That said, I think that grade inflation and general soullessness is at best half the answer to the present riddle. My free-wheeling speculation is that the "book report" is, consciously or otherwise, just a more erudite and better-proofread version of clickbait. "Book report" bloggers are more likely to have something for sale, literally or figuratively. And, while it may of course be countered that summaries of Erich Fromm books are never going to get as many clicks as a well-curated cat video, I'm not sure that this conclusively rules out my theory.

Among my central interests here, which do not include cat videos even though I enjoy them as much as the next guy, it is not too hard now that google supplies some pageview data within the dashboard here to make some educated guesses about what kinds of posts might get the most attention. Ever since I posted it, my transcription of Wayne Shorter's Pinocchio has been by far the most viewed page on this site, often doubling up on the next closest competitor. A really terrible essay that I wrote for a class at CalArts, on Ligeti's Lontano, posted as a placeholder during a Blog Month, is always near the top. I would of course prefer it if Against the Literary Imperative or any of the essays on Mumford's Art and Technics were the most viewed; but I suppose I would have to delete everything else to make that happen, and even then this would be a lowering rather than a raising of the tide.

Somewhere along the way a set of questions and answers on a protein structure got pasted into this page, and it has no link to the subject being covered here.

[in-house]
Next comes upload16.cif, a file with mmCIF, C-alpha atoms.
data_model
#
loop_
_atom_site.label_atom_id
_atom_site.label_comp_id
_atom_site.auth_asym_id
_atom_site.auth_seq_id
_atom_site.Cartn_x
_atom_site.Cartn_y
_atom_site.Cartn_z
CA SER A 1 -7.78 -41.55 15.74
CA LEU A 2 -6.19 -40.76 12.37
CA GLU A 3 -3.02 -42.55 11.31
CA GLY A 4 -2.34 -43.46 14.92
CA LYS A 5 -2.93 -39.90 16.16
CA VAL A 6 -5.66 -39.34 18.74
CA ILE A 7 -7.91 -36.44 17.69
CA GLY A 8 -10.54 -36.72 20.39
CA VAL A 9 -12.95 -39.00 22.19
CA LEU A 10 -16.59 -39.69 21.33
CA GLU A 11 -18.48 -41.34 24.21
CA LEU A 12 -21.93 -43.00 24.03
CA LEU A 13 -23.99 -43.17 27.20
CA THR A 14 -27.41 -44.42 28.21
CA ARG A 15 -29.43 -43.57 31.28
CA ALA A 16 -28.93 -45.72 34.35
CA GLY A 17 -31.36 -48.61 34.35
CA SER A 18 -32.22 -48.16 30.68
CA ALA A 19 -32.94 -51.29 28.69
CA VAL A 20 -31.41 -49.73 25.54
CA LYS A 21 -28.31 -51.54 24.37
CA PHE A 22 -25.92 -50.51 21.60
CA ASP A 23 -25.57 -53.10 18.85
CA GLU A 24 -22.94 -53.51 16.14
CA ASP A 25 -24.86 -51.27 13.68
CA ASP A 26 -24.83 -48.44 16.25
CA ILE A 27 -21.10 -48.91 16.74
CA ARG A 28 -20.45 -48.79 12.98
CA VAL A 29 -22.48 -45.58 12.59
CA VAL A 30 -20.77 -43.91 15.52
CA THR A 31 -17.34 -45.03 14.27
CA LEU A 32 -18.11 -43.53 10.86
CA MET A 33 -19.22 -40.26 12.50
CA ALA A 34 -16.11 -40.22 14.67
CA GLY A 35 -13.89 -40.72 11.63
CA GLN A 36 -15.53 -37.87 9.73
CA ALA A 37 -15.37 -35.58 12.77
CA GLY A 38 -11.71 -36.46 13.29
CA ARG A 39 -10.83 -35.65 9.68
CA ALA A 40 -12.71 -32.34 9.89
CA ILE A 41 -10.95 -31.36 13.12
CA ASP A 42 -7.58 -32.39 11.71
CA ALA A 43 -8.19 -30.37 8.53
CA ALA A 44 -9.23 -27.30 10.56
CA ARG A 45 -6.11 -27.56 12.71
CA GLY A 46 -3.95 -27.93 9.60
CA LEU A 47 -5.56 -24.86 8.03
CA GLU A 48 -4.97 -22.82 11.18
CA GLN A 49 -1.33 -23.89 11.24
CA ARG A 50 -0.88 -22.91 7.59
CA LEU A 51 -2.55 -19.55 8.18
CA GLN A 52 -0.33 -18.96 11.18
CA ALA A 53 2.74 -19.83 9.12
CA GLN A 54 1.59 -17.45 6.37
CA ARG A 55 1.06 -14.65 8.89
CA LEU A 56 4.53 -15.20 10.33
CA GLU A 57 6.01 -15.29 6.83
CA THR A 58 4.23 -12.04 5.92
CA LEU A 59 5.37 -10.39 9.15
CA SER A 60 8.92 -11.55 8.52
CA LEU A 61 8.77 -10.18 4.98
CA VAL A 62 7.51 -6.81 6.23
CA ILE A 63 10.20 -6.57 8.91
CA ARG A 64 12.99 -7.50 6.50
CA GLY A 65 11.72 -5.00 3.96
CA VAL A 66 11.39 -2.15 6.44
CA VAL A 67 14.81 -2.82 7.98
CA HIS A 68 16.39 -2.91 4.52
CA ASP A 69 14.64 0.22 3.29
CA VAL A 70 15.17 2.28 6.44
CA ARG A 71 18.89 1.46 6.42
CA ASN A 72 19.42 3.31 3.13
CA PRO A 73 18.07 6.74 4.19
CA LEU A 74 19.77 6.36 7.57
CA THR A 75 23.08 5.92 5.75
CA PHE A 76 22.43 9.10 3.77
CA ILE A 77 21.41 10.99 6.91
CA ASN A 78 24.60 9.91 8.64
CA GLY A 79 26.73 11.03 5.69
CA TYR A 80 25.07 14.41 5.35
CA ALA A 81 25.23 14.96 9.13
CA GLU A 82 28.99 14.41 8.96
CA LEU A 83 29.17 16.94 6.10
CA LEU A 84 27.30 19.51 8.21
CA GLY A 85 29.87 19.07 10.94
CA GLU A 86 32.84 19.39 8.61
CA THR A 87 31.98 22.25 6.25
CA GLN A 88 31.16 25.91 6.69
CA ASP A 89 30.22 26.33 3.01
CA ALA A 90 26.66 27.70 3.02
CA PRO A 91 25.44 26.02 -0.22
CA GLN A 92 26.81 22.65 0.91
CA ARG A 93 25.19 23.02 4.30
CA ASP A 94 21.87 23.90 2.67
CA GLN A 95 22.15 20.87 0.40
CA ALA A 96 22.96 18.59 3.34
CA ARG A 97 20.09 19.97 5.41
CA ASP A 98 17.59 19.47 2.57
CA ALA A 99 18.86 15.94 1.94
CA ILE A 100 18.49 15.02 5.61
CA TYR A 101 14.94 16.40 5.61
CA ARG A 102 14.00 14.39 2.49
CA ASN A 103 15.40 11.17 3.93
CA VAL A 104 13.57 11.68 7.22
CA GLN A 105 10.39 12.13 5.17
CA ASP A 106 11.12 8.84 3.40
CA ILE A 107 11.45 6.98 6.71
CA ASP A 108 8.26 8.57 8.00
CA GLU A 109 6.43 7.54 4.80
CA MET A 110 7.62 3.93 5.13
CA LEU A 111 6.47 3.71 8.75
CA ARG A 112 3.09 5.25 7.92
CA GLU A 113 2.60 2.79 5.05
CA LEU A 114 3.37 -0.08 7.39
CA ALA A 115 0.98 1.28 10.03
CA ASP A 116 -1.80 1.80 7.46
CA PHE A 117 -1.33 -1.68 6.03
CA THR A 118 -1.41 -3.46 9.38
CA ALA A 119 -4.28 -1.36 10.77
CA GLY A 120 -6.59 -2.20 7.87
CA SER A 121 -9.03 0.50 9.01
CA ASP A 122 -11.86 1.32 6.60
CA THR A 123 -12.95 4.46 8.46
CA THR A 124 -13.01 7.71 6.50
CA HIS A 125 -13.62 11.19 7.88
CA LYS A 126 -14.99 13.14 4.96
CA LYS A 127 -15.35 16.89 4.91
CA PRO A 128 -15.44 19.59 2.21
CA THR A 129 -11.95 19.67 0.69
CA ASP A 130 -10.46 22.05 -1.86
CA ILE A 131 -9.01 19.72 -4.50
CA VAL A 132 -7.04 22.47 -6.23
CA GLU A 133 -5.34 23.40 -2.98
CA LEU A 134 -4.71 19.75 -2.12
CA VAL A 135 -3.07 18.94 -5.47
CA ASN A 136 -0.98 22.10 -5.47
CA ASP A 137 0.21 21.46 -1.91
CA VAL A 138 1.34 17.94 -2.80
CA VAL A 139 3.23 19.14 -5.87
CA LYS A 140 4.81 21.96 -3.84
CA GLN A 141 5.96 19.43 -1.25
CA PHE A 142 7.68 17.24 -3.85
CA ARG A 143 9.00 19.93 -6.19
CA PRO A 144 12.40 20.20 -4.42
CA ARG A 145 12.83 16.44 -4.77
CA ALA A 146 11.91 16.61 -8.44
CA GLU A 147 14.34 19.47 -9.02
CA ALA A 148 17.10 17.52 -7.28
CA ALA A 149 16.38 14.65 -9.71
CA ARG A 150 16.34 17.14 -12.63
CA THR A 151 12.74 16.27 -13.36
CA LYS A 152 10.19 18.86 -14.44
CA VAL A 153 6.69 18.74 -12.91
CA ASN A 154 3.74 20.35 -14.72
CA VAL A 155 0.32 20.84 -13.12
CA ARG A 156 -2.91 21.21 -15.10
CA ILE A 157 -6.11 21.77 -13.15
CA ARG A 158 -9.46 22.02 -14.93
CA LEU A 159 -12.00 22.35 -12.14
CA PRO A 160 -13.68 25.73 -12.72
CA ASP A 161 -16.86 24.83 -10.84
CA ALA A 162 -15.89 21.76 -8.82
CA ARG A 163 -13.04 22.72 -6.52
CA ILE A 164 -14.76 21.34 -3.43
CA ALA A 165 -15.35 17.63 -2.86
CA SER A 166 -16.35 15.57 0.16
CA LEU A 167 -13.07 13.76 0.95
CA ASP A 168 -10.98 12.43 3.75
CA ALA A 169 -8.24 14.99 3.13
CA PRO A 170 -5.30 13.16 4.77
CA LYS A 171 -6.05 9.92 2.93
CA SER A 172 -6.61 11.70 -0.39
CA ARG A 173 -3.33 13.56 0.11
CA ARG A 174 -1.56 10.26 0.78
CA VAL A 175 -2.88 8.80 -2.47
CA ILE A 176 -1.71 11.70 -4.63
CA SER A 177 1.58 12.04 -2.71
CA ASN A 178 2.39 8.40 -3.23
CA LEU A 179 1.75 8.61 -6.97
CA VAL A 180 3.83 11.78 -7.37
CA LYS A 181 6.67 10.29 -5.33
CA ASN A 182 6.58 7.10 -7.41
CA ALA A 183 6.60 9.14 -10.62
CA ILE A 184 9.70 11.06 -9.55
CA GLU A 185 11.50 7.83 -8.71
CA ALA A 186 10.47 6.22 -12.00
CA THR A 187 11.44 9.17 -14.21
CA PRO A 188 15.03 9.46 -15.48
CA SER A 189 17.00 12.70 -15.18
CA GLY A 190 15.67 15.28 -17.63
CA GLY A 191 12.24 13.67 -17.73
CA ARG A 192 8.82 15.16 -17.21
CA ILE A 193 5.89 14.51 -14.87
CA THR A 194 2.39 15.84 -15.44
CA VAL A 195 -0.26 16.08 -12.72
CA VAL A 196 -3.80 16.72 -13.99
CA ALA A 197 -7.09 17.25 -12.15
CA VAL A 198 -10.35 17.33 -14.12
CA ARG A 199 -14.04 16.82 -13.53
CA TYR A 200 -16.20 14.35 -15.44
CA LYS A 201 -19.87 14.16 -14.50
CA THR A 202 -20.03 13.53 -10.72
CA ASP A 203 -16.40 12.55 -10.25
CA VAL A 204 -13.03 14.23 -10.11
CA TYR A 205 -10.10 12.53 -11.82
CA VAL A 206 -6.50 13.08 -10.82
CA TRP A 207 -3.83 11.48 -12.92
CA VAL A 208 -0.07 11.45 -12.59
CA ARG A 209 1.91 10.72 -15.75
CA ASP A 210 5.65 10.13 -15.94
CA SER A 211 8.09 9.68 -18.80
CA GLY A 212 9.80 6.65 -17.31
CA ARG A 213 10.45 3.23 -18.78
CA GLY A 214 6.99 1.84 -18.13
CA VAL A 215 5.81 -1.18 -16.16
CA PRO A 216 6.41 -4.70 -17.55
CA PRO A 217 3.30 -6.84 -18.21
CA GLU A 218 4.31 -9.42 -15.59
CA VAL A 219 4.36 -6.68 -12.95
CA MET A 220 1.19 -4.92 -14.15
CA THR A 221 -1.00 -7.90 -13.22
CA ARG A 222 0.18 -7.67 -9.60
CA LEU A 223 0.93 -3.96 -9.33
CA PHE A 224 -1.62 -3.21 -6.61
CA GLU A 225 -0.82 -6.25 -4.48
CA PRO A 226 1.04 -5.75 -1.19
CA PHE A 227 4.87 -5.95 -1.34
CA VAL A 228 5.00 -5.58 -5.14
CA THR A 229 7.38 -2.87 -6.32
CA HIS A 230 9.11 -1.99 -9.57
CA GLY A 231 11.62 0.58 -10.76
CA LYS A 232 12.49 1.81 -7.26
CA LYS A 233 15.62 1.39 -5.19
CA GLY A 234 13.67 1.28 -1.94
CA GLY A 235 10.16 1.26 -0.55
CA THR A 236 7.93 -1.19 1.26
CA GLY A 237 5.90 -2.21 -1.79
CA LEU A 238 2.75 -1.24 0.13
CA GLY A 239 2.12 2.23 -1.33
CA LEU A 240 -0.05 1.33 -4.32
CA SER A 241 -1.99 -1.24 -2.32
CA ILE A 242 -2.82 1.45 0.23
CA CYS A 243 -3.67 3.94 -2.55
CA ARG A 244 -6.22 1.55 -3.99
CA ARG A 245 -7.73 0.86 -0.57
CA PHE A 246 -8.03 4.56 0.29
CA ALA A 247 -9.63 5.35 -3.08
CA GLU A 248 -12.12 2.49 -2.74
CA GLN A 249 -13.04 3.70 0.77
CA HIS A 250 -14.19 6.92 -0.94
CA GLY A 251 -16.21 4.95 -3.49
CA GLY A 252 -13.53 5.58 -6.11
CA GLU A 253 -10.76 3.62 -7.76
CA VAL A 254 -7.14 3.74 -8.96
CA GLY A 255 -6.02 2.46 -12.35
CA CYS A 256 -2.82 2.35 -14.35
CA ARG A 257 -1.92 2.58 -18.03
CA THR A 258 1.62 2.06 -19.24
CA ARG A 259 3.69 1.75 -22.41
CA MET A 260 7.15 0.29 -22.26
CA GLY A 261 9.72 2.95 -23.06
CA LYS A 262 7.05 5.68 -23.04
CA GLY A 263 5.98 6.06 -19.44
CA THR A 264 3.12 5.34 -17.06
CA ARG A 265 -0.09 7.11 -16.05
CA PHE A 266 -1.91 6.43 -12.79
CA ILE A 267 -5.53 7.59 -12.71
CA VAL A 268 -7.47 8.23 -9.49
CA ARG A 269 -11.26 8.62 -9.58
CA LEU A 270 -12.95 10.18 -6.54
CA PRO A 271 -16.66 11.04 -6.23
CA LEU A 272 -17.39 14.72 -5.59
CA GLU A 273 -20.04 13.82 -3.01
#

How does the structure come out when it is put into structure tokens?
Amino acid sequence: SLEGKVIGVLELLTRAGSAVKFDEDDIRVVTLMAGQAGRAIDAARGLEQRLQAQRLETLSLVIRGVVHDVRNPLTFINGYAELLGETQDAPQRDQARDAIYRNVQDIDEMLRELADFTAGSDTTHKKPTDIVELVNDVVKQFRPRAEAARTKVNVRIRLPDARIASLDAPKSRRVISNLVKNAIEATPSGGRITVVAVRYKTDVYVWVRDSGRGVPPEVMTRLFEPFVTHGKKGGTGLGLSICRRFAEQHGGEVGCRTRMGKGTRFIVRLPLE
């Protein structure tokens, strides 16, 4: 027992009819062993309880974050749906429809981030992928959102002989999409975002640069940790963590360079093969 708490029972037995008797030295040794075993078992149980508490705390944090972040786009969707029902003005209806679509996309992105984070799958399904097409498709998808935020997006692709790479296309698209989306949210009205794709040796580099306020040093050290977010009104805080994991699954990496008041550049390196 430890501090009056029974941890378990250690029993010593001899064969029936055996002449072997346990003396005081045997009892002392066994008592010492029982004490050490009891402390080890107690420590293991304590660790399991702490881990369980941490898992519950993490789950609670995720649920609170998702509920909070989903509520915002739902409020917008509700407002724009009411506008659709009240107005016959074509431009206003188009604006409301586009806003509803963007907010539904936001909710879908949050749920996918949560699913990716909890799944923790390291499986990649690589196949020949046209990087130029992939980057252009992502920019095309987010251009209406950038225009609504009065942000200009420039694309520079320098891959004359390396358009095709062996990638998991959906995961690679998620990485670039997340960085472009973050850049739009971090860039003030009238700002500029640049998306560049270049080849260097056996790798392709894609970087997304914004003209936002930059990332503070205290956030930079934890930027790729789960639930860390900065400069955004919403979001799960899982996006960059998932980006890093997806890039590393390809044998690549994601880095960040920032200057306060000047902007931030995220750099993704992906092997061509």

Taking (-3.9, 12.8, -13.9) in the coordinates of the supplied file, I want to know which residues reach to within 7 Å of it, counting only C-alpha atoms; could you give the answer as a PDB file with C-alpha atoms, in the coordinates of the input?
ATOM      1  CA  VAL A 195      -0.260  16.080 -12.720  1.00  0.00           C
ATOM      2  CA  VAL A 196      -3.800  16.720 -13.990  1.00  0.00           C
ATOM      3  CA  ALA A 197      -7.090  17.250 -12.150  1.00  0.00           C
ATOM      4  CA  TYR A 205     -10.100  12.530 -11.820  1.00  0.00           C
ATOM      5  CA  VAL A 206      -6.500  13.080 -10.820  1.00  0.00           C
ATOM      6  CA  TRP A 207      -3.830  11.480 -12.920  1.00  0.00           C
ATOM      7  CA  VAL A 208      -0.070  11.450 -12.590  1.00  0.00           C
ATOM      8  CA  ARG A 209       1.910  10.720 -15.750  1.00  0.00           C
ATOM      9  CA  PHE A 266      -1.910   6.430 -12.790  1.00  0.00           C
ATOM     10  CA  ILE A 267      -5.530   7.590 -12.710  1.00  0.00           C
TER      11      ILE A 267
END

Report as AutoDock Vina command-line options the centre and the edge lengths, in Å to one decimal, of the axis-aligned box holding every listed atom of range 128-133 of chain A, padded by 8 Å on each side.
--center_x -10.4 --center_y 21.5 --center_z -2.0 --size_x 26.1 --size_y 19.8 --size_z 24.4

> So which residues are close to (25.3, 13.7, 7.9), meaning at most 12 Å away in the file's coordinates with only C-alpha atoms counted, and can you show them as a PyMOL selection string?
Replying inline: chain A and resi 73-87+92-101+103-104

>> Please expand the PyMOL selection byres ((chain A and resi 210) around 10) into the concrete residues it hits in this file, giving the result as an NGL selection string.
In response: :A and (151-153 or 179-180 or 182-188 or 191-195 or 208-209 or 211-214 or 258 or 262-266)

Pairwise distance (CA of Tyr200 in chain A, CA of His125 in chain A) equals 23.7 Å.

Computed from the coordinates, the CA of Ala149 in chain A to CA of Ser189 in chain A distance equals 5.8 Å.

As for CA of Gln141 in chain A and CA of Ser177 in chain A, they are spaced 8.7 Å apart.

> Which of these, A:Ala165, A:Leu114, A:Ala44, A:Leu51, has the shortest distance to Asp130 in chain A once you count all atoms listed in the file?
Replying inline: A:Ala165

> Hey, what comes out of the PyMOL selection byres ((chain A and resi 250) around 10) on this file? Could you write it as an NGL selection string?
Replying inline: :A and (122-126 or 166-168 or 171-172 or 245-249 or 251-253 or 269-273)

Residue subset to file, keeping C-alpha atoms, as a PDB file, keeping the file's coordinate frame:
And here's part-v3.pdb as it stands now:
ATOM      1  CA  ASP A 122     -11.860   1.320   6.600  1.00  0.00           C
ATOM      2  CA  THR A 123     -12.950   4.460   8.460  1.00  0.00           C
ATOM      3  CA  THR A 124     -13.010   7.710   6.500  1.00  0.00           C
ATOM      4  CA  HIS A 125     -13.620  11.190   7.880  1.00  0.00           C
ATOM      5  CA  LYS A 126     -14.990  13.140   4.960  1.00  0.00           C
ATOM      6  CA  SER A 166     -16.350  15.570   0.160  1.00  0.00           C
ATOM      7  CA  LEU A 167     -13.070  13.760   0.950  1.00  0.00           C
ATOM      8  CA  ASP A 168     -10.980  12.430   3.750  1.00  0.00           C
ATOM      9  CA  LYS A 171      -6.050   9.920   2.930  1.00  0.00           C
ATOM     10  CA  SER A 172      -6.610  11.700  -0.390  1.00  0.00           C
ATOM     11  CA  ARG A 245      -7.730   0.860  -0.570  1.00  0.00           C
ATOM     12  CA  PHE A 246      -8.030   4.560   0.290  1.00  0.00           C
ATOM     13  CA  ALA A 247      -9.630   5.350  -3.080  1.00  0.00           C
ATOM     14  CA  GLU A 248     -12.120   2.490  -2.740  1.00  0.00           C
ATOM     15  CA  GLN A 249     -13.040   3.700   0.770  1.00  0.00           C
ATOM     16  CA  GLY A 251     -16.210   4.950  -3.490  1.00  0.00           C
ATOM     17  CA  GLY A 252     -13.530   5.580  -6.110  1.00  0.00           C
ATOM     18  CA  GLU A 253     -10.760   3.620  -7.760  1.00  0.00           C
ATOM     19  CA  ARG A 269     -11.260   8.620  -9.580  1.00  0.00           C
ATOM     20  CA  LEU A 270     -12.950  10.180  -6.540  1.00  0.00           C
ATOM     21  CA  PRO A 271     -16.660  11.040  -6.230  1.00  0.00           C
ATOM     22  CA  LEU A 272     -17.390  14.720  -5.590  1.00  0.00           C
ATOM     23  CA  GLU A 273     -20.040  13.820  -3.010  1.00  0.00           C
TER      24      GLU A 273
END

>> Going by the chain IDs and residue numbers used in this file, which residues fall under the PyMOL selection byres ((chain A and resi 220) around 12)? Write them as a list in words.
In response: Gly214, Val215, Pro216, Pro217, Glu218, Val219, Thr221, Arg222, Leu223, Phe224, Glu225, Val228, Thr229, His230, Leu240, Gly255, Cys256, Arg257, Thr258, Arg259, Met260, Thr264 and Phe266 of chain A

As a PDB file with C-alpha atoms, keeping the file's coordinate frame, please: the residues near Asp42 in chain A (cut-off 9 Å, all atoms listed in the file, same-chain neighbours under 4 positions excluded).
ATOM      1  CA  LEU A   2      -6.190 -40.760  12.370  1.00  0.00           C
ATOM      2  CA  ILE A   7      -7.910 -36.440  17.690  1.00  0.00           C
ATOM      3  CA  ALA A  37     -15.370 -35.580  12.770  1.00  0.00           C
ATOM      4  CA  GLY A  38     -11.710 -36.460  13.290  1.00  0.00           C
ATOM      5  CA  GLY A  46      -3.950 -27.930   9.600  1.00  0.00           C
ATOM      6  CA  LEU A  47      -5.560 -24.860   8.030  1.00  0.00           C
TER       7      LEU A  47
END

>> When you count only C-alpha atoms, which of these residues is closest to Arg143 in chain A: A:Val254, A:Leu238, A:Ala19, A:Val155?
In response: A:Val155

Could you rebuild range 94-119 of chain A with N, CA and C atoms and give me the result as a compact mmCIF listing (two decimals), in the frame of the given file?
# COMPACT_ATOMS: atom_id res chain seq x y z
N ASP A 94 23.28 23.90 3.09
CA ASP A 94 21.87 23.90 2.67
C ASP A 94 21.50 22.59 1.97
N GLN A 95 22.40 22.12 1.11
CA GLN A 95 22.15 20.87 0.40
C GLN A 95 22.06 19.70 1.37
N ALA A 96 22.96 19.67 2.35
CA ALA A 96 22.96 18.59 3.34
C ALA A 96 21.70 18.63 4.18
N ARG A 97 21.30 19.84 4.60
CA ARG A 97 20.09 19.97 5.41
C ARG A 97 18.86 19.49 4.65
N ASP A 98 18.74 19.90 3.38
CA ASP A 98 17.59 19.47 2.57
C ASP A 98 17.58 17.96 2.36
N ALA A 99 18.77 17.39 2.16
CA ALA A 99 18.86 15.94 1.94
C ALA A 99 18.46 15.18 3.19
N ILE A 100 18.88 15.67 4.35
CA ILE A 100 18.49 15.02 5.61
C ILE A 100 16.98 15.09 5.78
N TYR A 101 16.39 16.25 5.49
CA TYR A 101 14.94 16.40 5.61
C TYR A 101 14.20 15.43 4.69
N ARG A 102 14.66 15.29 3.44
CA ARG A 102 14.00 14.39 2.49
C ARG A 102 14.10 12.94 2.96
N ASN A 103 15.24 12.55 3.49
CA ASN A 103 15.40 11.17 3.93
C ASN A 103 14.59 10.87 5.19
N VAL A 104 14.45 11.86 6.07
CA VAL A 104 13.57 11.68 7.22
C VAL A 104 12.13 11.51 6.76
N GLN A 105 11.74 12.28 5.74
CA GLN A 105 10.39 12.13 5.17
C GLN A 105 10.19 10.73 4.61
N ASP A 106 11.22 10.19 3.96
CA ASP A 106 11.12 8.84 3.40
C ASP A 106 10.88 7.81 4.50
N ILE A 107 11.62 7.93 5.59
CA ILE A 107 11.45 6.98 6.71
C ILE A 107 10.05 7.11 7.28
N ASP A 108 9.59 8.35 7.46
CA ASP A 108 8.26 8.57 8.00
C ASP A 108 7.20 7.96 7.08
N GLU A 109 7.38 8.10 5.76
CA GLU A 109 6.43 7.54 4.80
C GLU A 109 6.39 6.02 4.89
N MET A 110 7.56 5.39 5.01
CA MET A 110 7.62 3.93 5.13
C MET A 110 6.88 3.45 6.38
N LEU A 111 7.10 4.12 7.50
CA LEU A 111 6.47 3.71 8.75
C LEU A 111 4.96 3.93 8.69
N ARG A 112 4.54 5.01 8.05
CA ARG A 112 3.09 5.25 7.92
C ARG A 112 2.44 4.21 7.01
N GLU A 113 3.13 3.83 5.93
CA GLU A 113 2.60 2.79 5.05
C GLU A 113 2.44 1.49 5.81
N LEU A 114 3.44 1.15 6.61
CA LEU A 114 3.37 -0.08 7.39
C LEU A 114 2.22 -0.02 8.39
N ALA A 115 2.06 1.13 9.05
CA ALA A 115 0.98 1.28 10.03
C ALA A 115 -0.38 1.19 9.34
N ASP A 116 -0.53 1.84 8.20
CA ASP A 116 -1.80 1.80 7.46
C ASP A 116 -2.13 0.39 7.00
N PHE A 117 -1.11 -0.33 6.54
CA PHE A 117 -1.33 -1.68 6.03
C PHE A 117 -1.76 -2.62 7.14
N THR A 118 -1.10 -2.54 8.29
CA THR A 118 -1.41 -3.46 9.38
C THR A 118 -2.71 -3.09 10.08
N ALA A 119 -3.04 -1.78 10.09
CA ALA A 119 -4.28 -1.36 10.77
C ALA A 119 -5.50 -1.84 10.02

There are many other possible explanations for the "book report" phenomenon: a genuine desire to create something more accessible than the books themselves, any of a number of esoteric personal motivations, and, of course, the mere conceit to original thought in absence of any real ability to toss it off. But I do wonder if clicks are not part of the equation and if desperate slacker college students are not in and of themselves a formidable mass of clickers.

07 June 2021

McLuhan—Mass as Simultaneity, Simultaneity as Fragility

Marshall McLuhan
Understanding Media (1964)
MIT Press edition (1994)
In terms of the industrial age, it can be pointed out that the difference between the previous mechanical age and the new electric age appears in the different kinds of inventories. Since electricity, inventories are made up not so much of goods in storage as of materials in continuous process of transformation at spatially removed sites. For electricity not only gives primacy to process, whether in making or in learning, but it makes independent the source of energy from the location of the process. In entertainment media, we speak of this fact as "mass media" because the source of the program and the process of experiencing it are independent in space, yet simultaneous in time.
(p. 347)